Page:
When Congress reserved hot seats last week for two of our nation’s top health officials regarding the coronavirus epidemic in the US, it came as no bombshell revelation to my fellow public health colleagues to hear our system described as a “failure” during the testimony of the NIH’s Dr. Anthony Fauci. In truth, our situation in public health is akin to the same bad joke that keeps on being told: we are chronically underfunded to do the work we do to keep the public – Americans – healthy and safe. This unfortunate circumstance is well-known across public health circles; we talk about it as part of our schooling, discuss it at conferences, and cope with it in our workplaces. We in public health have become accustomed to doing more with less and being regarded as the step-sibling to our brothers and sisters in the medical profession. In some ways, we public health professionals can be understanding. Afterall, we recognize that it is difficult to perceive the fruits of our labors: prevention efforts keep people from getting sick (how really does one quantify the absence of disease?). We get that it is much easier to grasp what our medical counterparts do when a disease is treated and cured. Here my public health training prescribes that I point out how preventing disease is generally less costly than treating disease. Prevention approaches – be they vaccinations for infectious diseases, educational programs or anti-smoking policies – are some of the most effective interventions we have available, and they save lives. Prevention also means readiness; insufficient funding over time has had impacted our ability to anticipate, prepare and respond quickly and nimbly to threats such as natural disasters or novel viruses, such as is apparent today with COVID-19. The reality is that we need public health more than ever: we will face new challenges with continued population growth, global travel and migration, and changing habitats due to climate change. To succeed, our priorities need to shift as a nation. We need to support funding for public health. We need to vote for elected officials who value public health and advocate for public health with those in office. Public health is, at its core, just that – the health of the public. We all play a role in our public health, highlighted by the coronavirus epidemic. Otherwise, we can’t fairly criticize our public health professionals and need to save the finger-pointing for ourselves.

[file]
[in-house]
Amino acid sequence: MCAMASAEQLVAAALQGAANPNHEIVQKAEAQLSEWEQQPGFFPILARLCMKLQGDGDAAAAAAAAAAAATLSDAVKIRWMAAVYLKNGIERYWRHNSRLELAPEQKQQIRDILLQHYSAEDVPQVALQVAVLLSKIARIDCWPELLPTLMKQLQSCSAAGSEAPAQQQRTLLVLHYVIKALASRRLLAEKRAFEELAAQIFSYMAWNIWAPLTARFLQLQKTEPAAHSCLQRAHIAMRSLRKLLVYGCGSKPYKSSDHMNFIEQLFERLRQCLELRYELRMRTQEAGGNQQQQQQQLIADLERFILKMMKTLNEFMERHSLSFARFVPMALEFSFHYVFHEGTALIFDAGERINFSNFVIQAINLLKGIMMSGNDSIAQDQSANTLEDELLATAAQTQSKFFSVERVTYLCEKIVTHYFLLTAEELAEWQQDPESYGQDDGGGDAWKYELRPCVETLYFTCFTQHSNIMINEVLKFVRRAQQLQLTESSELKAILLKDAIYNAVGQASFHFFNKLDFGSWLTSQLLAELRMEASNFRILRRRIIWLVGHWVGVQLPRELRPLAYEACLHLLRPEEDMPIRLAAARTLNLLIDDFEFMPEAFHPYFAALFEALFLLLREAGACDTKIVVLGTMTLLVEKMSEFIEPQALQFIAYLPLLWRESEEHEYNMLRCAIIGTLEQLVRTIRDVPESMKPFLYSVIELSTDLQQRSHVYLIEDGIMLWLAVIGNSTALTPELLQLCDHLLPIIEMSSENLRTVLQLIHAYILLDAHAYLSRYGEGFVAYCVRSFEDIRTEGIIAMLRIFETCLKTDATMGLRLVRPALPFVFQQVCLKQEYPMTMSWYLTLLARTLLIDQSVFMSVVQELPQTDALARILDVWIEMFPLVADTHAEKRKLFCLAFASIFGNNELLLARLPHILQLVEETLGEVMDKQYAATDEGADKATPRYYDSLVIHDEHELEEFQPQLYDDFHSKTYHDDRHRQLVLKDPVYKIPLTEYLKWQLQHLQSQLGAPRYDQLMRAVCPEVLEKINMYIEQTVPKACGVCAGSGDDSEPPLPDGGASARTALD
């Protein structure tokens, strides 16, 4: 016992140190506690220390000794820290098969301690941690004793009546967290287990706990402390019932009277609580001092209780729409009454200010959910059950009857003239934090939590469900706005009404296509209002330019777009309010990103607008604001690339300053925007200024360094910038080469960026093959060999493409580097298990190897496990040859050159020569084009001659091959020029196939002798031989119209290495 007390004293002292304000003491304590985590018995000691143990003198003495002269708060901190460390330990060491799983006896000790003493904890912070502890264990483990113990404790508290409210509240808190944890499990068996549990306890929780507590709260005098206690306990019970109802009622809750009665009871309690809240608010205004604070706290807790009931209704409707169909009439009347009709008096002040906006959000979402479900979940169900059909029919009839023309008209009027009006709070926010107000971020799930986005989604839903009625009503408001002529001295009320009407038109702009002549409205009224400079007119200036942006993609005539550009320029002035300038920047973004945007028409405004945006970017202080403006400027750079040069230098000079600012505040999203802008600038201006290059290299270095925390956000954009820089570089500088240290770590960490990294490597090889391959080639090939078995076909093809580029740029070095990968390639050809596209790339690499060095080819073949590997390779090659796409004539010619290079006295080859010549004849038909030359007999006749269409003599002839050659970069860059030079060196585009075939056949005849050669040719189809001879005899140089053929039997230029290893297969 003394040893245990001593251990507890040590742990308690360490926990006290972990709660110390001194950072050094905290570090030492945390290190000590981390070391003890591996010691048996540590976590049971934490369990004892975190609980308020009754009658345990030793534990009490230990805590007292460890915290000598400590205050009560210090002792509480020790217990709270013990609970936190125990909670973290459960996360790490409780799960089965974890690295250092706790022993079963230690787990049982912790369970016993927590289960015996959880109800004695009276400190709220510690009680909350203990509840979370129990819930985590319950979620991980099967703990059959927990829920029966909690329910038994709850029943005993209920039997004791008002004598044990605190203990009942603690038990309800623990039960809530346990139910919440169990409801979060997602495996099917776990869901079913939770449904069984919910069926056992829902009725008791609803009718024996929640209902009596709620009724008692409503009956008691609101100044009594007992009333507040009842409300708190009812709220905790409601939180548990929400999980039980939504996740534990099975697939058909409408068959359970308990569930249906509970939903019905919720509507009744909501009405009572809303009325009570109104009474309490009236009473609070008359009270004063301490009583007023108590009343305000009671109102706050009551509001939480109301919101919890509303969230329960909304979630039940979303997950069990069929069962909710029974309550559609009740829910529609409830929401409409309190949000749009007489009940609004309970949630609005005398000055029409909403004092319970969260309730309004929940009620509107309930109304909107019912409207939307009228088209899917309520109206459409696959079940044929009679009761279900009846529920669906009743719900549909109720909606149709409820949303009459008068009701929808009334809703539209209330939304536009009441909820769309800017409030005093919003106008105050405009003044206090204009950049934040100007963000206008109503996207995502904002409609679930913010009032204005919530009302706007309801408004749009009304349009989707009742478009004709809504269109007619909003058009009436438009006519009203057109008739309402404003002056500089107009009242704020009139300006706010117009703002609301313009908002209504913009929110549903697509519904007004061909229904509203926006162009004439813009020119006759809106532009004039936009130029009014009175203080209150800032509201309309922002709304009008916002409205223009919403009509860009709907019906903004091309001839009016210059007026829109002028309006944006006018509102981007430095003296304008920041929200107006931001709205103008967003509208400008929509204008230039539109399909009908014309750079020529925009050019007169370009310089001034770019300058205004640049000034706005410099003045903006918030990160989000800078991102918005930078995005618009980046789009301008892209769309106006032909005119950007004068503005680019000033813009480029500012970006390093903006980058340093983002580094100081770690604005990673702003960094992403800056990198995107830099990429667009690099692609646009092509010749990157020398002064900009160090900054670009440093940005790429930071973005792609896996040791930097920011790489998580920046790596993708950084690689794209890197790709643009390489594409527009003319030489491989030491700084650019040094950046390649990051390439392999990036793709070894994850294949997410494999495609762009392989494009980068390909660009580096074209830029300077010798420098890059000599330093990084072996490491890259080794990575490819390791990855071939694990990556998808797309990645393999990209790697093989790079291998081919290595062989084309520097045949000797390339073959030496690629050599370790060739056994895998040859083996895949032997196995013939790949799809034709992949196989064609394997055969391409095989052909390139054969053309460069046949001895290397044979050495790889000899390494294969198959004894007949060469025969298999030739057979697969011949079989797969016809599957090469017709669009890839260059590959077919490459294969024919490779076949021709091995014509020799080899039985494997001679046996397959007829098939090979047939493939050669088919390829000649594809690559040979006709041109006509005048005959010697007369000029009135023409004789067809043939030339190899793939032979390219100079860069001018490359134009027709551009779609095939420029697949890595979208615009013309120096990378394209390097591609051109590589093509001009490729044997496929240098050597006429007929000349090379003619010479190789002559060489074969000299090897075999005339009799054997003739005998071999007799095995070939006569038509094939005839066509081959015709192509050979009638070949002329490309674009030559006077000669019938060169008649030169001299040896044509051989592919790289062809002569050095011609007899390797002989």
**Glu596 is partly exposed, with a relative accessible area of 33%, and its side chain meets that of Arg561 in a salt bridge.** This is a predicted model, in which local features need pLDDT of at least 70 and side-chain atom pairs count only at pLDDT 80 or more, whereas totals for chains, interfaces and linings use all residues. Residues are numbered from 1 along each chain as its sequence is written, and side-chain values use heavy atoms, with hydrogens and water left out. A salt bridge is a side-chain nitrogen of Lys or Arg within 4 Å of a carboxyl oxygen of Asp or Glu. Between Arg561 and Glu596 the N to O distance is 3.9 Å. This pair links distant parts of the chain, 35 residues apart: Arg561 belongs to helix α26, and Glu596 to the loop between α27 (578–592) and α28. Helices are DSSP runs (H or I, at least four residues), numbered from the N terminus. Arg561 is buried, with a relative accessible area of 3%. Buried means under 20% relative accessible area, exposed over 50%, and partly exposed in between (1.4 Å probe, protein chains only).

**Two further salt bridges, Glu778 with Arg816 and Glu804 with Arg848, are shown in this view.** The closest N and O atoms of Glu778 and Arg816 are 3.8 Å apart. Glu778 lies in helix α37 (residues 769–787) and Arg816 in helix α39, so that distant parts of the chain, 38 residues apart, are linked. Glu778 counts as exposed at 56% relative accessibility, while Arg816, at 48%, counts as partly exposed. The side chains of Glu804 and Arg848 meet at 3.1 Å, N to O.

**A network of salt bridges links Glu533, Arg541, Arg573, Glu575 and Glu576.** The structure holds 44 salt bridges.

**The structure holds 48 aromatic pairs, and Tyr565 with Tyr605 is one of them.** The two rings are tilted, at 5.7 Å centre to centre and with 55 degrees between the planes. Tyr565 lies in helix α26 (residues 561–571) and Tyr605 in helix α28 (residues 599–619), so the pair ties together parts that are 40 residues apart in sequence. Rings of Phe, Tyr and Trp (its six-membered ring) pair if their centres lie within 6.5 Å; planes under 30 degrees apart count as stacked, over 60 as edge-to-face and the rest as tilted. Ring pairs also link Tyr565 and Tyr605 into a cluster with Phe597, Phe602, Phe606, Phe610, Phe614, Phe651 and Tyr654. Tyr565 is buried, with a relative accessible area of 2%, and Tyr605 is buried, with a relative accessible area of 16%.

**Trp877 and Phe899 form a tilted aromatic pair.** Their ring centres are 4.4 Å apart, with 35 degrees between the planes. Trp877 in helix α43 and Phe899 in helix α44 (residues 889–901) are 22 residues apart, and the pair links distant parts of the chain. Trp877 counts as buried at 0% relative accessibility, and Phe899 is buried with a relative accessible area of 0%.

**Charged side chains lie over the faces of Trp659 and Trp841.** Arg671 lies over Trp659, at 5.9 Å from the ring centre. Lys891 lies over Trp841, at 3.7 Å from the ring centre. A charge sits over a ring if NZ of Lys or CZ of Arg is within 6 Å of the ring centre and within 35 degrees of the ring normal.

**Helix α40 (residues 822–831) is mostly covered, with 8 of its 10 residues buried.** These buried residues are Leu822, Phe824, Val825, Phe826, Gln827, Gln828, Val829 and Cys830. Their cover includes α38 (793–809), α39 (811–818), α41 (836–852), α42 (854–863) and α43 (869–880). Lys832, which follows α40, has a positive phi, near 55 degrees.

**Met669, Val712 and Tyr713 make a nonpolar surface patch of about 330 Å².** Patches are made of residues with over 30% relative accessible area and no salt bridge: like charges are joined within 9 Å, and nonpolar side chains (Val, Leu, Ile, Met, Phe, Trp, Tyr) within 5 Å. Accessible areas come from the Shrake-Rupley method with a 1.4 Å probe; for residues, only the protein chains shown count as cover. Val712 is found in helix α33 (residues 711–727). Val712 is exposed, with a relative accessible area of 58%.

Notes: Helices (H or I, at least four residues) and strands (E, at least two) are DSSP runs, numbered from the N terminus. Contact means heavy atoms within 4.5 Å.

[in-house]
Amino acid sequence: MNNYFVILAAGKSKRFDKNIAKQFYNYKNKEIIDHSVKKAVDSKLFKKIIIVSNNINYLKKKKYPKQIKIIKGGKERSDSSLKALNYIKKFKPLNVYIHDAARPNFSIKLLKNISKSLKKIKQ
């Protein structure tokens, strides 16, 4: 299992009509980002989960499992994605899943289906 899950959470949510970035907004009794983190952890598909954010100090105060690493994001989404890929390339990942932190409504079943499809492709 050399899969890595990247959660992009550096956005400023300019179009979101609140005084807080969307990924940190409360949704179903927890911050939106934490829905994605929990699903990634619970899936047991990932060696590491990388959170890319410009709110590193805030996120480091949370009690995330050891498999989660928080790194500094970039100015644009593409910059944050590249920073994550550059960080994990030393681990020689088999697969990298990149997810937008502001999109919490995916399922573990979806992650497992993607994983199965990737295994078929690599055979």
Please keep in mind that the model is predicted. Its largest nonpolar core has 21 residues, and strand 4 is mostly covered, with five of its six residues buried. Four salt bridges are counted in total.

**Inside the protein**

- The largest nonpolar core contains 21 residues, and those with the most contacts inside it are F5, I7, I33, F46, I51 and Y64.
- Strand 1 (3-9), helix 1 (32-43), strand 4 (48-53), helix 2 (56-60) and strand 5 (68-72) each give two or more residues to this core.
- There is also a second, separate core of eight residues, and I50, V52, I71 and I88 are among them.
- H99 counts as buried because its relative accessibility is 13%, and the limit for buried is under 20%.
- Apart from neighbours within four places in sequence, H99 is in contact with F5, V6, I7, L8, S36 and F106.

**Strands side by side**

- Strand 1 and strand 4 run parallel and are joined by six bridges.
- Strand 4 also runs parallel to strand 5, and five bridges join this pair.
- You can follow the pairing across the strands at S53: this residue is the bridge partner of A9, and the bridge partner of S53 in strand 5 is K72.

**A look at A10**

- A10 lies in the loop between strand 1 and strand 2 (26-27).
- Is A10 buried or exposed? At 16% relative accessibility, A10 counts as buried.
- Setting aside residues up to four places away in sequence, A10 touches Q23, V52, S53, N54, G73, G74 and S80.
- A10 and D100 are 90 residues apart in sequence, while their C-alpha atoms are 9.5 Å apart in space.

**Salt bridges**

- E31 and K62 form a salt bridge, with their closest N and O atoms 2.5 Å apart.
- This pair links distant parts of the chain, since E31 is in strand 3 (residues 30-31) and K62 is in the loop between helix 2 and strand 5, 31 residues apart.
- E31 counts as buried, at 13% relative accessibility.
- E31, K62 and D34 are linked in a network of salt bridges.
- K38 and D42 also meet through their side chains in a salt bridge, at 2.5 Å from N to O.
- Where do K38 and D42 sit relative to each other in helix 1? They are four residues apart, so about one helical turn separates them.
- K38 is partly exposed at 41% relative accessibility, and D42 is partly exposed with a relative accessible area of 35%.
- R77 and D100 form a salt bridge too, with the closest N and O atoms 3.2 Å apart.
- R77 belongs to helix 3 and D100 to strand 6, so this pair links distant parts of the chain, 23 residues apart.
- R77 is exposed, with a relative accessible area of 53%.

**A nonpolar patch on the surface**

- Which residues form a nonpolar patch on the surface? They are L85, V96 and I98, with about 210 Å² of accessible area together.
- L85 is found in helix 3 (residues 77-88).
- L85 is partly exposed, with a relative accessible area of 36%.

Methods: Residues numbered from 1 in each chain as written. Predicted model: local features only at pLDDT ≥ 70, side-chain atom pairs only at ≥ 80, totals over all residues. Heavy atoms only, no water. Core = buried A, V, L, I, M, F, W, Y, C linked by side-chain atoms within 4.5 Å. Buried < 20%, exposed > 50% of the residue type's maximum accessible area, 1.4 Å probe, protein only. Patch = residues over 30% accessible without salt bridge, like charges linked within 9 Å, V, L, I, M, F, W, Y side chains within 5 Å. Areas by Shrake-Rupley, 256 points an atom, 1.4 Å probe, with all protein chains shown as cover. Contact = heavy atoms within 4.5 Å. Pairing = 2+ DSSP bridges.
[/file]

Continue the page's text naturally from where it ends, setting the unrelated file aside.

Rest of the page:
The media plays an important role in public health: communicating information, educating the public, serving as an avenue for discourse on a given topic. At worst, reporting by the media and particularly social media may fuel xenophobia as described in this February 3 LA Times article. While we don’t know yet the scale and magnitude of the novel coronavirus globally and in the United States, it is likely that the fear of the unknown is contributing to our perception that the risk is greater than it actually is in the US. This January 31 LA Times article nicely points out what we do know, which is that our annual influenza epidemics a.k.a. “flu seasons” are more cause for concern among Americans. The flu may be “old news”, requiring effort by public health officials to remind people every year to get the flu shot, cover coughs and sneezes, wash hands and stay home when sick.